Medical diagnostics

The perfect sensor used for medical diagnostics ought to be highly specific, sensitive, repetitive, fast and easy to read. It should also be non-reactive and perform well under physiological conditions. Aptamers meet all these requirements. Due to the wide spectrum of potential aptamer targets, detection of virtually all toxins, drugs and metabolites in body fluids at exceptionally low concentrations becomes feasible.

Electrochemical sensor

Sensors possess higher sensitivity and cost of detection is low as no sophisticated optical machinery is required. Other important application of aptamers are as followings:

  1. Detection of biological terrorist threat agents.
  2. Application to the detection of food borne pathogens.
  3. Aptamers may also used as probes to view tumour cells and might prove very helpful in cancer therapy.
  4. New drug development, drug delivery, bio-imaging hazard detection, food detection (Table 1).









Macular degeneration





Acute myeloid leukemia

Antisoma Research



Coagulation factor ix

Coronary artery disease

Regado Bioscience




Thrombotic thrombocytopenic





Heart disease

ARCA Biopharma




Hematopoietic stem cell transplantation





Type 2 diabetes mellitus





Age related macular degeneration





Age related macular degeneration


Table 1: Current Aptamers available for clinical development [4].

Successful application of aptamer in fisheries

In vivo tests using RNA aptamers produced by Rhodovulum sulfidophilum showed that extracellular RNA aptamers inhibited VHSV infection in Japanese flounder. These results suggest that the RNA aptamers are a useful tool for protection against VHSV infection in Japanese flounder. Viral haemorrhagic septicaemia virus (VHSV) is a serious disease which has impact on wild and cultured. Hence, a most powerful therapeutic method against VHSV infection is needed to be developed. Aptamer is a novel technology and promising method for diagnostics and therapeutics. Here, it is aimed at selecting RNA aptamers that specifically binds to and inhibits the growth of a strain of fish VHSV both In vitro and In vivo [14].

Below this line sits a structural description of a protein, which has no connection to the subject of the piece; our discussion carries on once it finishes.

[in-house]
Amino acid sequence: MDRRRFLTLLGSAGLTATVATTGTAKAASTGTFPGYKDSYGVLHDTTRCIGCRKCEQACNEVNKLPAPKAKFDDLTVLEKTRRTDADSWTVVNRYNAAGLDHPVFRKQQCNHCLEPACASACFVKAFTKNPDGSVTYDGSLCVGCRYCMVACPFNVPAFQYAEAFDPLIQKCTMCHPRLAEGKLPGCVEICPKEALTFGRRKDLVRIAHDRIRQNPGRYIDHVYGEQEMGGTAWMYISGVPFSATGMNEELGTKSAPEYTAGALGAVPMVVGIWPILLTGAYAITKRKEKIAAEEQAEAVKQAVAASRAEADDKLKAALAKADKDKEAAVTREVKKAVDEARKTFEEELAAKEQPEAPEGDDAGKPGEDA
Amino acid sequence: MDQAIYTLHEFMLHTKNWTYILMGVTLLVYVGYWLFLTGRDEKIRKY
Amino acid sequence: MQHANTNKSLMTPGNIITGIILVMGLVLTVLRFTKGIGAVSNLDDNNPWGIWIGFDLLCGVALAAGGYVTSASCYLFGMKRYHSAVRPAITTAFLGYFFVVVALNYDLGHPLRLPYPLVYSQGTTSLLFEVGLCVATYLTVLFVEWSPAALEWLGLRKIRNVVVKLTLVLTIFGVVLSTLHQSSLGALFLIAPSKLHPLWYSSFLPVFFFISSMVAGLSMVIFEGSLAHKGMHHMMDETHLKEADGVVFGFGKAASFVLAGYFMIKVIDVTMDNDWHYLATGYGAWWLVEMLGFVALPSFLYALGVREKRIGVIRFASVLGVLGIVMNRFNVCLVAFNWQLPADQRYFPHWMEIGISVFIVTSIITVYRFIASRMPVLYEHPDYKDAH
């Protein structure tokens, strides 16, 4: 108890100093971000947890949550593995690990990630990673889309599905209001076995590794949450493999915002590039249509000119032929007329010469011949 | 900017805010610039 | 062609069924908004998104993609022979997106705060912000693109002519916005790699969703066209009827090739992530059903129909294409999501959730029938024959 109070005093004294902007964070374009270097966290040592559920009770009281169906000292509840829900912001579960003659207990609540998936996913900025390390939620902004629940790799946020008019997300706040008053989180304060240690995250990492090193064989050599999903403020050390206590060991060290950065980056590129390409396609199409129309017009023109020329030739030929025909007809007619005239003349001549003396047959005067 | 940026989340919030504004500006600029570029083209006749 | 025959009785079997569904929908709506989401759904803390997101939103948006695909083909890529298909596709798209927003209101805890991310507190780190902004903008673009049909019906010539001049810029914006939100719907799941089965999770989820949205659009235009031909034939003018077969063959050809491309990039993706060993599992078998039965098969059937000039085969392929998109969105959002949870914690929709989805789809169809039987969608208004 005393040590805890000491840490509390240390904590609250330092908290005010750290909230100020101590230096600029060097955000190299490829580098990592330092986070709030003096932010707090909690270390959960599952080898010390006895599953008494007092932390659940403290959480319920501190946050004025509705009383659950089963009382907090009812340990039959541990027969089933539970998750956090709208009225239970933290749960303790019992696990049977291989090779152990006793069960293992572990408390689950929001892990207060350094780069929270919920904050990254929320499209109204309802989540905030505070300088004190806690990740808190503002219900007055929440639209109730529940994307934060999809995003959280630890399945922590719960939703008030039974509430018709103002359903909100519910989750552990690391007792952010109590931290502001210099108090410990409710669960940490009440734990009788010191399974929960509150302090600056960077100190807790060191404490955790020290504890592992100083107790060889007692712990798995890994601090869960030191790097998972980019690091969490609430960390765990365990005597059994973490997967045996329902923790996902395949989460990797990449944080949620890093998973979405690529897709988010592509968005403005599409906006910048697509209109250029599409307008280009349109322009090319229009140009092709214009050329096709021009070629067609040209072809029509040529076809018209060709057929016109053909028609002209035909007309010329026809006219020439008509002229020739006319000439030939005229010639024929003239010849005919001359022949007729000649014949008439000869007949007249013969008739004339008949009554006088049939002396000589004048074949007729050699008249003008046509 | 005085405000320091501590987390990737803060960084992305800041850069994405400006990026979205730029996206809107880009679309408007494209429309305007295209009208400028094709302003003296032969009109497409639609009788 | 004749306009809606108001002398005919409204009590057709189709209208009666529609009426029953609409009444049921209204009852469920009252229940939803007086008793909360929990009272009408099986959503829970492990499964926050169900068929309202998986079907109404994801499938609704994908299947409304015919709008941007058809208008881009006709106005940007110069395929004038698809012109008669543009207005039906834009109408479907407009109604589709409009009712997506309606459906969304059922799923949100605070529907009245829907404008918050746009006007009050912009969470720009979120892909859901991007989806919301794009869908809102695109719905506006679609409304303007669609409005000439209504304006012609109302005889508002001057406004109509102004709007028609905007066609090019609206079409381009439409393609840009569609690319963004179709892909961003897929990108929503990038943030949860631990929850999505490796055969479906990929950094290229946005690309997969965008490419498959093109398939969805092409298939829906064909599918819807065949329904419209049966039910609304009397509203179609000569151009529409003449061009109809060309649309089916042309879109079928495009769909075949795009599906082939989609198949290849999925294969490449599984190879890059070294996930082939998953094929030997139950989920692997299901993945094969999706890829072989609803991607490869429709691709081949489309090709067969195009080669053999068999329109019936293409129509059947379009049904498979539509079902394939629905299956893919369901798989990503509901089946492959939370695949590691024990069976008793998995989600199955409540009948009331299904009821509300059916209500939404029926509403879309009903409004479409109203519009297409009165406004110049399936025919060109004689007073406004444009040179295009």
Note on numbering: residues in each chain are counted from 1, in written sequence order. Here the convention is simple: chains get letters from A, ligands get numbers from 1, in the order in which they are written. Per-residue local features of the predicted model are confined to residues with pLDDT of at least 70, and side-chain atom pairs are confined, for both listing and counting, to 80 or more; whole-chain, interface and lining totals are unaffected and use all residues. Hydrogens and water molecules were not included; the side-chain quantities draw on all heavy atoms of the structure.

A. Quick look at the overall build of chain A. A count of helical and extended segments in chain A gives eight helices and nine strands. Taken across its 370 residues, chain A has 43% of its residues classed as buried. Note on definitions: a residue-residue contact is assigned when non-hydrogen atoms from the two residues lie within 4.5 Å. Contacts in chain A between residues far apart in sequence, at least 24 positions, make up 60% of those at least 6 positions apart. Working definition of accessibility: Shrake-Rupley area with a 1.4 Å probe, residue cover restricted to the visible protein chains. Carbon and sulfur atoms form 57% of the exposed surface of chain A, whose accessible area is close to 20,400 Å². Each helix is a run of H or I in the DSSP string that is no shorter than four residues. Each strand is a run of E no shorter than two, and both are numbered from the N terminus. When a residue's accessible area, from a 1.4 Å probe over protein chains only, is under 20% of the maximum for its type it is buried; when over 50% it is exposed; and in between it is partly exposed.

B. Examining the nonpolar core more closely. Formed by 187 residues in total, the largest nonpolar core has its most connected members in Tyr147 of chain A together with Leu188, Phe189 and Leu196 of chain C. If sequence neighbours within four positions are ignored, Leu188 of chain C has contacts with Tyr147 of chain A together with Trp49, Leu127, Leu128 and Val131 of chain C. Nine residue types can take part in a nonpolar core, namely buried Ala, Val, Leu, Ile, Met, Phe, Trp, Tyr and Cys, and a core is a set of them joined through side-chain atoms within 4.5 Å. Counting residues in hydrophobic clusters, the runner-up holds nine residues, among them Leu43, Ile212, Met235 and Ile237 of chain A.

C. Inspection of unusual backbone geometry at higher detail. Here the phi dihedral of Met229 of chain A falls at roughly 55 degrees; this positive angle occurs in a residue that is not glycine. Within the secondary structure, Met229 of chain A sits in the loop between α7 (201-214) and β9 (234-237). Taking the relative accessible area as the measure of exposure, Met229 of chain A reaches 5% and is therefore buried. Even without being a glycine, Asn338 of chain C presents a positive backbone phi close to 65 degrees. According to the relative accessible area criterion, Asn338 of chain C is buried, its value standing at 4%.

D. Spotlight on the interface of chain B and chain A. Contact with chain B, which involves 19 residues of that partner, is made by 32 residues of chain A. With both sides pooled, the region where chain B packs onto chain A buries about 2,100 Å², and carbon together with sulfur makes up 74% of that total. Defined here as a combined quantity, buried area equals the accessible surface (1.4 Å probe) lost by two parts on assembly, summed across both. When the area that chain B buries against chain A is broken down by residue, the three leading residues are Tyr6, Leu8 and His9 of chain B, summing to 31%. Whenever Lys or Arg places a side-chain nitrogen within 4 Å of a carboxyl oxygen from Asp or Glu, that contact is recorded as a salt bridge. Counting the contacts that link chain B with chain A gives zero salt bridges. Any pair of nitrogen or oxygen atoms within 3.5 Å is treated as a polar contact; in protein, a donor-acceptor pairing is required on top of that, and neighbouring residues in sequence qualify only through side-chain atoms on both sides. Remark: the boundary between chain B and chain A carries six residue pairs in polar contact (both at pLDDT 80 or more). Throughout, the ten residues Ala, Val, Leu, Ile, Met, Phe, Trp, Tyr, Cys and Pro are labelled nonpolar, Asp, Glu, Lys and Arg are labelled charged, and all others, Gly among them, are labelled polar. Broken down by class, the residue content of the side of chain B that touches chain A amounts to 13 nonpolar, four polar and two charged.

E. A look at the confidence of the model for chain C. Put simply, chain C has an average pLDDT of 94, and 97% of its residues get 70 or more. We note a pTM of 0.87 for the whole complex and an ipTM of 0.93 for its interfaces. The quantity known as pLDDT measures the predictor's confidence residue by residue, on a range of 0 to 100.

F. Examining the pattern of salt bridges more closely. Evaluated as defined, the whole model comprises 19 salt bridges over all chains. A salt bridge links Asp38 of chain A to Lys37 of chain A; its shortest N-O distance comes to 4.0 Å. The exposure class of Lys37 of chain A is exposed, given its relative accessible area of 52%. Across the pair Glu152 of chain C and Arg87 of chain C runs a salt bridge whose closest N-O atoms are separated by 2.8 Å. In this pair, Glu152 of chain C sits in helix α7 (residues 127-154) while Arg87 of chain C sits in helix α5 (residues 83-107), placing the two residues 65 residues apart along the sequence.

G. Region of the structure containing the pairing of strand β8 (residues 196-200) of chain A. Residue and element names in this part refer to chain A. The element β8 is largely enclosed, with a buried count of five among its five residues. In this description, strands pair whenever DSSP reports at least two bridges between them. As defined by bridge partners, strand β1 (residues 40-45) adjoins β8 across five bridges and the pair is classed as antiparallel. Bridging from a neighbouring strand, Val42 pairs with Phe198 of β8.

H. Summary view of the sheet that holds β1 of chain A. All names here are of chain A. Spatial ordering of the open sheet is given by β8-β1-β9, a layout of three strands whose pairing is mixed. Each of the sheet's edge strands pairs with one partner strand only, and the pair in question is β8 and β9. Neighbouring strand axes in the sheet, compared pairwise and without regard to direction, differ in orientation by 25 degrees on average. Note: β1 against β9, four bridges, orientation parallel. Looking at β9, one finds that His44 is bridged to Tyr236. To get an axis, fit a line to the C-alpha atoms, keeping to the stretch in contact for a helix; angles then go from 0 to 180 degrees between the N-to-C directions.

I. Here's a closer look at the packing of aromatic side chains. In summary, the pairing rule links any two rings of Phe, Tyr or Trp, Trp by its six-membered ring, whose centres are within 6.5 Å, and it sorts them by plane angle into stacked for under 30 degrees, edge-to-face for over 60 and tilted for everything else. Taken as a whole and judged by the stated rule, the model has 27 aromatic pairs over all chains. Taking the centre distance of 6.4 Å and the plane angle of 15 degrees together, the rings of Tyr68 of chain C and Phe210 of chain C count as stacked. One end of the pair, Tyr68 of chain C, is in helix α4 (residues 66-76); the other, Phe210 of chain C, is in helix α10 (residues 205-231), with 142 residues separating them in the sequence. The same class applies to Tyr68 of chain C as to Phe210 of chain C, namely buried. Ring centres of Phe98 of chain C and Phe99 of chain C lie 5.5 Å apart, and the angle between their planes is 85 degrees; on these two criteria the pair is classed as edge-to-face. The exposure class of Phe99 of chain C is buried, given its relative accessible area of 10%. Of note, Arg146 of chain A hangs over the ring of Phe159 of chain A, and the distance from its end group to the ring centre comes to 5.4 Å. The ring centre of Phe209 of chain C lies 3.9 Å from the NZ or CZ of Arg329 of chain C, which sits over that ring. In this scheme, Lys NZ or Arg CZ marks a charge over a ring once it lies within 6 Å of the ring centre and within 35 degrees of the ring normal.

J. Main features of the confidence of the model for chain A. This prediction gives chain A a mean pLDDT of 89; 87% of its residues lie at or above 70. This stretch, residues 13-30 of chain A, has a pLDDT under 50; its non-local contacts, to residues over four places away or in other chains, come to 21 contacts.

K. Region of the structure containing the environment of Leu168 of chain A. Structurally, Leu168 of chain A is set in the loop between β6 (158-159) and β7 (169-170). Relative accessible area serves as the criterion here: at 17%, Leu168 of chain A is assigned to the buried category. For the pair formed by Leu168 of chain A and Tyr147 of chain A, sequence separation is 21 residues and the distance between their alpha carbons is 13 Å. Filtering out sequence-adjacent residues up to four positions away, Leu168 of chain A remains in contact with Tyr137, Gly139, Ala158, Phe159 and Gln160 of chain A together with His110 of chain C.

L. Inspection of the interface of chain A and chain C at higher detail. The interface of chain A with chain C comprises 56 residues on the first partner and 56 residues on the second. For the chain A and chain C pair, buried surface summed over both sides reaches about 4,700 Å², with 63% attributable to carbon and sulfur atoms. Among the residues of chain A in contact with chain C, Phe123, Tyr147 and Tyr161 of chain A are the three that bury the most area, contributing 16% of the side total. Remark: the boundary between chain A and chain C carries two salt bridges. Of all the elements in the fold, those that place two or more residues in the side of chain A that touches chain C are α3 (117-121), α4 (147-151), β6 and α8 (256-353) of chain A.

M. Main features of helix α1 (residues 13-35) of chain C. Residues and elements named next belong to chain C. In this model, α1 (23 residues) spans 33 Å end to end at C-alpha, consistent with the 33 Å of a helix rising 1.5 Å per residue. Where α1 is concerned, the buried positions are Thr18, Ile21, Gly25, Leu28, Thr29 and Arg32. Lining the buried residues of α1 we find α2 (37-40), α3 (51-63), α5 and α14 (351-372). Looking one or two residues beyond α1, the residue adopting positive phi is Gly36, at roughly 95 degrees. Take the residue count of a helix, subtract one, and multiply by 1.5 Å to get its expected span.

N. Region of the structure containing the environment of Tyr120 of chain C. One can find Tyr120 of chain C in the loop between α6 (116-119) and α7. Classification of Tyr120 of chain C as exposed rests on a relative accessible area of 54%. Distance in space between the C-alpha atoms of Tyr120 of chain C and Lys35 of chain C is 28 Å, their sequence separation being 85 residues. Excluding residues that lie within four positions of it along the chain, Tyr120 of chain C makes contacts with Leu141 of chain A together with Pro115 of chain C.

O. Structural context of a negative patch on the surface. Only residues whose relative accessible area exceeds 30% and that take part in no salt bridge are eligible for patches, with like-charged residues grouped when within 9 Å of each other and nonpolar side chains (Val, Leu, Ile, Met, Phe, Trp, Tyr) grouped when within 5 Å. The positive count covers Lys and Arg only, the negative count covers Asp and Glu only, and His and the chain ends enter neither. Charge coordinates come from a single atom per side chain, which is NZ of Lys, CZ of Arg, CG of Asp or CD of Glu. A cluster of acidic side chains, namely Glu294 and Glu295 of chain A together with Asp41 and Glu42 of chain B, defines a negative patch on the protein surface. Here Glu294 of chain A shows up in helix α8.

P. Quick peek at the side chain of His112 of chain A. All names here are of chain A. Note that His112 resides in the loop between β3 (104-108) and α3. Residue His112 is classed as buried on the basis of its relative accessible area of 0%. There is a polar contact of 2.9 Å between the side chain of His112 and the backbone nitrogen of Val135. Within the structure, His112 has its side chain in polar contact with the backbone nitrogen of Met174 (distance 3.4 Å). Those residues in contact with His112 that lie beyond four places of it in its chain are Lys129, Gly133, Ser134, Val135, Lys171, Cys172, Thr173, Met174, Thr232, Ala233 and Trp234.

Various Aptamers screening technologies summarizes the recent Salmonellae are a significant causative organism of food borne illness worldwide. Selection and evaluation of DNA aptamers were done for the capture and detection of Salmonella enterica serovar typhimurium. Aptamer sequences were modified against S. typhimurium outer membrane proteins (OMPs) with counter-selection against Escherichia coli OMPs and lipopolysaccharides (LPS) [15].

Future prospects

The virtually infinite array of potential target molecules places aptamers among the most powerful tools in biotechnology. Aptamers possess the potential to improve many of the standard laboratory techniques, which involves purification, detection or concentration measurement of a molecule of choice. Aptamers that have reached the clinical trials drugs can be developed against diseases such as, neo-vascular age-related macular degeneration, diabetic retinopathy, haemophilia, acute myeloid leukaemia, non-small-cell lung cancer, renal cell carcinoma or an acute coronary syndrome. Apart from having enormous applications, aptamers have not yet been used in aquatic animals. The reason is that there are some limitations that have to be considered for In-vivo applications, such as aptamer stabilization, delivery method and mass production [16]. But now several methods have been used to enhance the stability of RNA aptamers, such as amino or fluoro modifications at the 2’ position of pyrimidine [17-21]. These results may lead to a new method for improving the health of aquatic animals.